Murad Oil and Pore Control Mattifier SPF 45 is an oil-free moisturiser that was shown in trials to minimise the appearance of pores by 54% within one minute of application. The product is also designed to address oily skin concerns over time, helping to make pores less visible and skin more matte the longer it’s used. Key ingredients include oil-trapping microspheres, plus avocado and African yellow wood bark extracts to help control oil production. Trade: £18.96 for 50ml 0844 472 7050 murad.co.uk
Timely Salon software company Timely has developed a customisable consultation form app. Available to all therapists, not just Timely customers, Consult is designed to streamline business processes and provide a better client experience. The digital forms help keep client information secure and reduce the occurrence of errors when recording data, compared to pen and paper. Users can customise questions and there are templates for new client intakes, consultations and patch testing. Trade: free 020 3808 0465 gettimely.com/consult
Skinade Collagen drink company Skinade has launched Targeted Solutions – three different liquid sachets that promote better skin from within. Cellulite delivers nutraceuticals to address orange peel skin; Clear contains ingredients to help address breakouts and acne; and Derma Defence A&D Boost nourishes the complexion by aiding cell renewal and elasticity. The company has also unveiled the Skinade MD Pre+Post Care Programme for medical professionals, a range of liquid and powder sachets, capsules and a sublingual spray, which can be integrated into protocols to help patients recover from invasive procedures. RRP: £50 for 30-day course of Derma Defence A&D Boost; £90 for 30-day course of Clear; £115.50 for 30-day course of Cellulite 0845 130 0205 skinade.com professionalbeauty.co.uk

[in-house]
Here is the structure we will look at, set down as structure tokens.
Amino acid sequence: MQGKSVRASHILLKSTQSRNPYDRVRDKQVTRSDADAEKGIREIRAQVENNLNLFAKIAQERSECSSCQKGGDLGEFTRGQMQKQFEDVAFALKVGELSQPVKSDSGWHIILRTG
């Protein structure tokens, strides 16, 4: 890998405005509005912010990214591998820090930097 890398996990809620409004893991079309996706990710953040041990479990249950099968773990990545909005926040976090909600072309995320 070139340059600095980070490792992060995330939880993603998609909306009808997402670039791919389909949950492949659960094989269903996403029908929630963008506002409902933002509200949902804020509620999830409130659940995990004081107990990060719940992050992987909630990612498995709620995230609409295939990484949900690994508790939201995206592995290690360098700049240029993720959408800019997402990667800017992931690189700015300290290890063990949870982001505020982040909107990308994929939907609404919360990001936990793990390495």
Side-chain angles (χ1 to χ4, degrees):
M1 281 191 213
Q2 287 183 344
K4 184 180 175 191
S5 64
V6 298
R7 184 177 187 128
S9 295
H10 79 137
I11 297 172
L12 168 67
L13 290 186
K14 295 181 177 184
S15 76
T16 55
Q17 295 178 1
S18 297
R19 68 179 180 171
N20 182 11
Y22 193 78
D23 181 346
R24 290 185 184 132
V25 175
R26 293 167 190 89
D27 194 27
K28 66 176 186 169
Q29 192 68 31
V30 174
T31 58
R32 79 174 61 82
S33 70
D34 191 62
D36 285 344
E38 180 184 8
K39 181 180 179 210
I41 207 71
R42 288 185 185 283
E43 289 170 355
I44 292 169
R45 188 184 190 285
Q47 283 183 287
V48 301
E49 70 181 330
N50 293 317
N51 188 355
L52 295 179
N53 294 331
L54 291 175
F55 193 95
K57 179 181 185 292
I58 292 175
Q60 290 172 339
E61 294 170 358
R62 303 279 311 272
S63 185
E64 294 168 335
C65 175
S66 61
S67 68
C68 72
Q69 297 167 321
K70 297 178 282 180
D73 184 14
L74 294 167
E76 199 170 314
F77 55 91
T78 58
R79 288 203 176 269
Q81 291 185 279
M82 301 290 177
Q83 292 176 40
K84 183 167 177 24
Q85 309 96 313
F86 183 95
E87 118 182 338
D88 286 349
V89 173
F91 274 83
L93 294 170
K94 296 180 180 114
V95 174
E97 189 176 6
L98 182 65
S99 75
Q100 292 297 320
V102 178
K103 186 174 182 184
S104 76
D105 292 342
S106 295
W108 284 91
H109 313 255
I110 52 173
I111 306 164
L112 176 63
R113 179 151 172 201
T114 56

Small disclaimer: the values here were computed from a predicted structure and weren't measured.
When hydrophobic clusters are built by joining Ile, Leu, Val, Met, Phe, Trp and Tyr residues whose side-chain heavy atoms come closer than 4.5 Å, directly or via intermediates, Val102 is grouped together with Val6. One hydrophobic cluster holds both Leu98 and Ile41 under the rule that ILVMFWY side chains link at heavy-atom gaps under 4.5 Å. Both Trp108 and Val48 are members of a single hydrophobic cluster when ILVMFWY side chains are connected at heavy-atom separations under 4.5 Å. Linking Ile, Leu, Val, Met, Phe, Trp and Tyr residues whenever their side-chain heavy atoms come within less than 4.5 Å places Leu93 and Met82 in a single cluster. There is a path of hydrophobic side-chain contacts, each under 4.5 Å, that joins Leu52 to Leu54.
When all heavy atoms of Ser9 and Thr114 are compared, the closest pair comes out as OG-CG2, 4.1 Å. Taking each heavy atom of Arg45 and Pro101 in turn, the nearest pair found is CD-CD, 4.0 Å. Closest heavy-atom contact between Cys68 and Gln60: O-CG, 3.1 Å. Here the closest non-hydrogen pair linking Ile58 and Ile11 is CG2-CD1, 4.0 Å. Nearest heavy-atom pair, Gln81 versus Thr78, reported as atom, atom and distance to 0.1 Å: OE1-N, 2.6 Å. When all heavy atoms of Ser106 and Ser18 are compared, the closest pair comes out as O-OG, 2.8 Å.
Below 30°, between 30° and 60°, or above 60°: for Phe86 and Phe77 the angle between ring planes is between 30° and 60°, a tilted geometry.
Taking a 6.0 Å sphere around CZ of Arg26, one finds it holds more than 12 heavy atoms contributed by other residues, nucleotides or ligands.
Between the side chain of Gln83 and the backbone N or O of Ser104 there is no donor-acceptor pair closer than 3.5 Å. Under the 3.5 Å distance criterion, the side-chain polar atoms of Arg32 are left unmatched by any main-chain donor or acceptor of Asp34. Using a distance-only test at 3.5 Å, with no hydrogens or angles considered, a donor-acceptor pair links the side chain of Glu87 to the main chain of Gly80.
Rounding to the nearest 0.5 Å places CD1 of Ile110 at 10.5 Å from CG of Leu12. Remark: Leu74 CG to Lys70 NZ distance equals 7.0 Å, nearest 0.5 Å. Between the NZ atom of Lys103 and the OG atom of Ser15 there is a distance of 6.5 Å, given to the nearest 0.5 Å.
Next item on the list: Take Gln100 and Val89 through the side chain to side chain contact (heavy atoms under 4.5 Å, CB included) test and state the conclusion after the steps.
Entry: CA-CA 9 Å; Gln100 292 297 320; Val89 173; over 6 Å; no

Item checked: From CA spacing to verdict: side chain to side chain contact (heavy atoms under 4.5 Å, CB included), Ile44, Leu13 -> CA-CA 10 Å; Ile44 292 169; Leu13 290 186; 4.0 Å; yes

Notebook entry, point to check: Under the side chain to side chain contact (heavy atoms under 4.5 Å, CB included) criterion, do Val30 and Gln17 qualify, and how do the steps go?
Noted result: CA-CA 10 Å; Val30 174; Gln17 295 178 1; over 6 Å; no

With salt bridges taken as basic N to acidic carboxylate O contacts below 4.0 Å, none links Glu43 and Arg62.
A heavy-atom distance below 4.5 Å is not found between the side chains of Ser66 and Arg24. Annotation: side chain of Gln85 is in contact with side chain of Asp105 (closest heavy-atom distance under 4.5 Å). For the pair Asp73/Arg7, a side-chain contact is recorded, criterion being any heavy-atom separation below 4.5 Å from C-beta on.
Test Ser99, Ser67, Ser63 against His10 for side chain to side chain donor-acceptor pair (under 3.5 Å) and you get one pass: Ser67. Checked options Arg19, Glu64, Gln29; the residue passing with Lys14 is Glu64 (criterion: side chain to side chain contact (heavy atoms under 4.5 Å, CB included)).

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92 Kaeso The skincare brand’s new Anti-Ageing range is vegan and cruelty-free. It includes Day Cream, Micellar Water and Facial Serum. Also new from Kaeso is replenishing facial Sleep Oil, for use at night. Made with skin-nourishing ingredients including evening primrose and lavender oils, it also aids relaxation. Finally, there are two new varieties of face drops – Vitamin C to revive dull complexions and Radiance Booster to target wrinkles. The drops can be applied straight to the skin or mixed with moisturiser. Trade: from £4.10 for the Anti-Ageing range; £5.95 for 50ml Sleep Oil; £7.40 for each 30ml face drops 0141 814 6572 (Professional Beauty Systems) kaeso.co.uk
Crazy Angel There are three new launches for summer from Crazy Angel. Tanning Drops let clients customise their skincare products for a light to medium tan. Key active ingredients include antioxidants to help fight free radicals. SelfTan Mousse has a hydrating water-to-mousse formula, enriched with skin-boosting extracts such as shea butter, vitamin C and hyaluronic acid. Self-Tan Water has a lightweight, colourless formula, with 9% DHA for a naturallooking tan. All the products are vegan friendly. Trade: £7.29 for 30ml drops; £8.75 for 200ml mousse; £7.49 for the 200ml water 0845 180 1241 (Professional Beauty Systems) crazy-angel.co.uk
OPI OPI has teamed up with footwear brand Converse on a capsule summer polish collection. The six neon brights have names inspired by music: Pump Up the Volume (yellow), Orange You a Rock Star?, V-I-Pink Passes, Positive Vibes Only (purple), Dance Party ‘Teal Dawn; and Music is My Muse (blue). There is a matching collection of Converse shoes with the shade names printed onto the sole. Trade: £5.25 per 15ml Lacquer, £16.90 per 15ml GelColor 01923 240010 opiuk.com
Spongellé Summer brings three new additions to the Spongellé range. The Spongology Collection comprises a Travel Buffer, Body Buffer, Back Buffer and Body Contouring Glove, infused with extracts of rosehip, green tea and hibiscus to cleanse, exfoliate, massage and tone; while the four-piece A Moment in Mexico range features a Pedi Buffer, Boxed Flower, Wild Flower and Spongette, all scented with sugar dahlia. In time for flip-flop season, the brand has also developed nine Pedi-Buffers with extracts of peppermint and sea kelp. Trade: from £5.50 for Spongology and A Moment in Mexico products; £6.98 for each Pedi-Buffer 020 8381 7793 (Gerrard International) gerrardinternational.com
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94 New Products